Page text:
Background to my interest in teaching children with autism


            Like most people I know, Felicity was born some years before he grew up.  If you wonder how many years it has been since he was born, the answer depends on who you are.  Everything is relative.  If you happen to be a client, you will want him to be and to look older than he is and does not — which, of course, he is and does not.  If you are not a client and you are male, he would state with conviction that he is older than he looks.  If you are not a client and you are female, he would state with certainty that he seems older than he is.  And if you are none of the above, with as much assurance as I have about your identity, he would affirm with a definite maybe that he is every bit as old as he should be.  One thing is sure.  By western standards, he was born on a truly auspicious date, namely, 7/11.  Of course, if you’re American, this means he was born in July; whereas, if you’re British, it means he was born in November.  It seems only right that you should be yourself, even if you are none of the above.

            When he was born, he was named.  Although we could dispense with it, in case you were wondering how he got his name, let’s get that unpleasantness out of the way.  His mother had a number of character traits which endeared her to nobody.  In particular, three of her traits left Felicity just plain cold.  These were her impatience, her assurance that if she had even a passing thought it was bound to be absolutely true (probably justified to her by her acquired surname), and her insistence that nothing interfere with the serenity of her life.  That’s how he got his name.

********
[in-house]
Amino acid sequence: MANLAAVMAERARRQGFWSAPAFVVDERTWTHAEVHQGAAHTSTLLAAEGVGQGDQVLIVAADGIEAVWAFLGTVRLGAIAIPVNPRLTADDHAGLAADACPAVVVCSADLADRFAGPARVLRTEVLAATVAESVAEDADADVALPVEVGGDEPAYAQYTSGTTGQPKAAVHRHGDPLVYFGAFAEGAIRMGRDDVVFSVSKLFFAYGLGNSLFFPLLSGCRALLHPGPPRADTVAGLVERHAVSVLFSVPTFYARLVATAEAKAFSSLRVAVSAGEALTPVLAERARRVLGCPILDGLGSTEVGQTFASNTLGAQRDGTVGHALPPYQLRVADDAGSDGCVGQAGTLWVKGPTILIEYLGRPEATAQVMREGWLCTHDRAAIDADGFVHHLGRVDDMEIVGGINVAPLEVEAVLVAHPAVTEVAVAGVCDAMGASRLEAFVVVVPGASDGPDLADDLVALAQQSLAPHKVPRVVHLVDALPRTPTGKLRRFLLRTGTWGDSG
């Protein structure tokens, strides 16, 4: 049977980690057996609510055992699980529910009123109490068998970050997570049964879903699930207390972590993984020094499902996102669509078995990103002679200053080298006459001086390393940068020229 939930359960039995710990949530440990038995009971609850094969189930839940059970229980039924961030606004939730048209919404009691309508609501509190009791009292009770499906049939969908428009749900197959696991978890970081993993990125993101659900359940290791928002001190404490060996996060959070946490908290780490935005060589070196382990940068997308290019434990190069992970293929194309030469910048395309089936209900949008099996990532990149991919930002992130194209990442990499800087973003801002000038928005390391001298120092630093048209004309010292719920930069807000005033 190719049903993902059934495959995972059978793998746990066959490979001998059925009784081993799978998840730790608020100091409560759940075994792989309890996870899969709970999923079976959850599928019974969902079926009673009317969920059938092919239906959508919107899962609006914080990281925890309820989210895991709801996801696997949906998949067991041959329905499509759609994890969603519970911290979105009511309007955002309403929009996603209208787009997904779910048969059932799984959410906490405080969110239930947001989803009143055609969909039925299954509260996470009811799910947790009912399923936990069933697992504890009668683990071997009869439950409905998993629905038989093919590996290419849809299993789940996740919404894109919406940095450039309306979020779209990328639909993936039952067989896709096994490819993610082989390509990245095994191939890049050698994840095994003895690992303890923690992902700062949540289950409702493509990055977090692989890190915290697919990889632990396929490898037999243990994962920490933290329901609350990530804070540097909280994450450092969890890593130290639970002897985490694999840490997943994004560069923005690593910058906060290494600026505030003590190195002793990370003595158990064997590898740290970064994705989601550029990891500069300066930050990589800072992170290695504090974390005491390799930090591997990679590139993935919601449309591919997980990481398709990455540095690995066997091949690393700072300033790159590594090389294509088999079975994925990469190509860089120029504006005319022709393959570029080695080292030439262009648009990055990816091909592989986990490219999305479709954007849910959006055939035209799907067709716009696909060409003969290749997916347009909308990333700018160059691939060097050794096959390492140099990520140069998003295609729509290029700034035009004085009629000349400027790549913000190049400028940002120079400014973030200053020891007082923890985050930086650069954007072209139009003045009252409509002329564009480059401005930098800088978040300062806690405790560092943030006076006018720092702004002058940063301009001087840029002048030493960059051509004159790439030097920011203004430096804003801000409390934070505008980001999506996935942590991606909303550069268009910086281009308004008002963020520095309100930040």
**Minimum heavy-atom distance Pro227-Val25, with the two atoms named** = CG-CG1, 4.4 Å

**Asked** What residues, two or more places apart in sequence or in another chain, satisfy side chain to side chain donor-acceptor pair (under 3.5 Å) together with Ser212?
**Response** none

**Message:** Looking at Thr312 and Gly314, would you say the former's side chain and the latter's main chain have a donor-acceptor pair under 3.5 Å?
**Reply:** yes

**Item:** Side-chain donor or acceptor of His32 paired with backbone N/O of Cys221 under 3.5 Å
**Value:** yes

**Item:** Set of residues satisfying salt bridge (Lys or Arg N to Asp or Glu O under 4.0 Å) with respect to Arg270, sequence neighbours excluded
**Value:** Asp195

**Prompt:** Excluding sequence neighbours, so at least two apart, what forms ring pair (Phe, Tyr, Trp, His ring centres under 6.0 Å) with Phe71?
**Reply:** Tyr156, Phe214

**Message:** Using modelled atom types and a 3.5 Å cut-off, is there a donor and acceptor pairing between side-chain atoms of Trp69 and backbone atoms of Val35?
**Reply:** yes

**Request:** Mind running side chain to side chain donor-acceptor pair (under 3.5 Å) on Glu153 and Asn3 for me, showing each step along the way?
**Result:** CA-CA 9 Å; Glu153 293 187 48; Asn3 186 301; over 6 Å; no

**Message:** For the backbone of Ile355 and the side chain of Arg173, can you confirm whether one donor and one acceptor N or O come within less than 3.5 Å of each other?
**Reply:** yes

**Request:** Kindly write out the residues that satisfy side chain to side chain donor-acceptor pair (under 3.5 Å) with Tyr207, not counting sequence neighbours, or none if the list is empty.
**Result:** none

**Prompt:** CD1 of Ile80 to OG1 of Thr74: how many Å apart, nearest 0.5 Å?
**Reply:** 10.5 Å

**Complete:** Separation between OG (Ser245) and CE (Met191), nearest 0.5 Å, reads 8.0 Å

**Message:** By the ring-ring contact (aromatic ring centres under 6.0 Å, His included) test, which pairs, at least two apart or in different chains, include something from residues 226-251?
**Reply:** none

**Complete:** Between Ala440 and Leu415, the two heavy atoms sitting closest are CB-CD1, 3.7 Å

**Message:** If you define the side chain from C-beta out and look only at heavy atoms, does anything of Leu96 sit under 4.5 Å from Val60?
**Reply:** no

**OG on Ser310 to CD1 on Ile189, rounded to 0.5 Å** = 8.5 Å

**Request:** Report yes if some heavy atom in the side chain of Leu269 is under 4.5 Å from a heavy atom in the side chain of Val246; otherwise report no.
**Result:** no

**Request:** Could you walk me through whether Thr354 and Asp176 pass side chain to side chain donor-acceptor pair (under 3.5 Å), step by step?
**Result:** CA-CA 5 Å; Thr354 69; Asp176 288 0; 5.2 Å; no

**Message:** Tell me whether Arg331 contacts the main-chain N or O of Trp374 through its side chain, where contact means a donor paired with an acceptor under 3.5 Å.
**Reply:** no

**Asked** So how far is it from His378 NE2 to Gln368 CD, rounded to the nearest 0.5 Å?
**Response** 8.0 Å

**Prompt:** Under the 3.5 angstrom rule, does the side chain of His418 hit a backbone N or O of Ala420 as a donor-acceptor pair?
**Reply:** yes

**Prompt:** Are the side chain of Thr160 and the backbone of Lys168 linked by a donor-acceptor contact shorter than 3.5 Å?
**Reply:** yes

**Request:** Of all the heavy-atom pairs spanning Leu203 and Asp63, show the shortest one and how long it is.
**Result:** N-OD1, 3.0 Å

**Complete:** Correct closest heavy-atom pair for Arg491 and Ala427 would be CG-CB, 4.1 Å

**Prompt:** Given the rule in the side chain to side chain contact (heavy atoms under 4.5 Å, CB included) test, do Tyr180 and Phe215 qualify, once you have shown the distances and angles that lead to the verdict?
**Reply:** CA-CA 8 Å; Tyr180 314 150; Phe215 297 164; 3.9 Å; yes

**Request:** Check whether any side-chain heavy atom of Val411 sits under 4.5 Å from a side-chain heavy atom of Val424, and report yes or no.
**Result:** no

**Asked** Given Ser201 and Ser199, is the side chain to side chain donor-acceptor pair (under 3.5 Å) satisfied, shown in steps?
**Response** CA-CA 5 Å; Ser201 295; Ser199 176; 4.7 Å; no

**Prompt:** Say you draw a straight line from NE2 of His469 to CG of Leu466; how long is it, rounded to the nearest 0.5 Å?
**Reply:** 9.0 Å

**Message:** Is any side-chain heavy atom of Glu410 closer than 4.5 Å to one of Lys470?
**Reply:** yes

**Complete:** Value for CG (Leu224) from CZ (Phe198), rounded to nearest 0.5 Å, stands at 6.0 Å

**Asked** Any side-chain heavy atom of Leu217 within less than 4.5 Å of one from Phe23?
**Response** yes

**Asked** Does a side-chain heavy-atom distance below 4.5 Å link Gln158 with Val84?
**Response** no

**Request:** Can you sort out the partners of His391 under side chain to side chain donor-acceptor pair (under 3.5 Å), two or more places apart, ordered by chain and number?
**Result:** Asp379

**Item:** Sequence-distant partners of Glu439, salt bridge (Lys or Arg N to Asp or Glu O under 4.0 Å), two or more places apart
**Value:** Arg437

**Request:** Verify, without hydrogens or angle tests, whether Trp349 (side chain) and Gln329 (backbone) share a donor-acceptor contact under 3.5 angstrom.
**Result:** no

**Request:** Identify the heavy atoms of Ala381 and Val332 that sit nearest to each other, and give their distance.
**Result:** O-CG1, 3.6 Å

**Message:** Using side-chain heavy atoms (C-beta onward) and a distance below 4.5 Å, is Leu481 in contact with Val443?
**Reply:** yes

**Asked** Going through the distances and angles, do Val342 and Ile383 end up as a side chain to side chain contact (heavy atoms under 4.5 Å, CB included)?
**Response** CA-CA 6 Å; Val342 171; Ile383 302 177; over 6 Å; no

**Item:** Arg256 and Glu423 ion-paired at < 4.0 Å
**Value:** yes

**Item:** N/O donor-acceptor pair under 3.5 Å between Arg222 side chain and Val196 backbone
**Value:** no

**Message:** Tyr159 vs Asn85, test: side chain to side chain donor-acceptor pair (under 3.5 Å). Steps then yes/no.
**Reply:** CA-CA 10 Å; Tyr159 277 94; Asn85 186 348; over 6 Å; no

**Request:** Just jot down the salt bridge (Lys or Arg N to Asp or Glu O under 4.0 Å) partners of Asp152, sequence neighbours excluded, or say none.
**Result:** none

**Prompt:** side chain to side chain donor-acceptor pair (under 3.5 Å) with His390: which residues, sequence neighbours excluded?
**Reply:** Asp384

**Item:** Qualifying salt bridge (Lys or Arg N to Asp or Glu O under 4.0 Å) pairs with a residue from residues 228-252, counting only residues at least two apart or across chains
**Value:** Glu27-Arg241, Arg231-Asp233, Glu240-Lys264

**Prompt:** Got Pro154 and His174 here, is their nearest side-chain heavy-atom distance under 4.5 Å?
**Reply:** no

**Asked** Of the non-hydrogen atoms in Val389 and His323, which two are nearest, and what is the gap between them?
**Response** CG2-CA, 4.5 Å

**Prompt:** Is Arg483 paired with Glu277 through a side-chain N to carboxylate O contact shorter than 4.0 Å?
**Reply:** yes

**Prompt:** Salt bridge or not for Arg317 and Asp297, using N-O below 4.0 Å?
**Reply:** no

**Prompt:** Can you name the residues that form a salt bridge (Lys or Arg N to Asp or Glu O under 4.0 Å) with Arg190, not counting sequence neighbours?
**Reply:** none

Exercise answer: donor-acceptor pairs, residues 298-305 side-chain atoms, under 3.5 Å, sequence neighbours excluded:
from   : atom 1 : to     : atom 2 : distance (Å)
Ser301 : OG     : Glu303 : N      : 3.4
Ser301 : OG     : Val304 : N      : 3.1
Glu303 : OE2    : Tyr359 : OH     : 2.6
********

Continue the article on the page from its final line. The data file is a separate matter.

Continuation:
During the entire time of her ‘confinement’, his mother was absolutely convinced that Felicity was a girl.  Not even his wizened, prune‑like appearance when he emerged and his extra little gizmo could shake her unfailing belief.  Of course, having decided on his gender in advance, her impatience demanded that he be named long before birth.  That’s how he got girl’s names.  I suppose it was to ensure that he got the message to behave himself, and not to upset her in any way, that she dubbed him Felicity.  She added the other names out of spite, to get back at him for having failed to be a girl.  Alice and Connie were his two, much despised, spinster aunts.  Their dislike for his aunts Alice and Connie was the only subject on which his parents and he were ever known to agree.     

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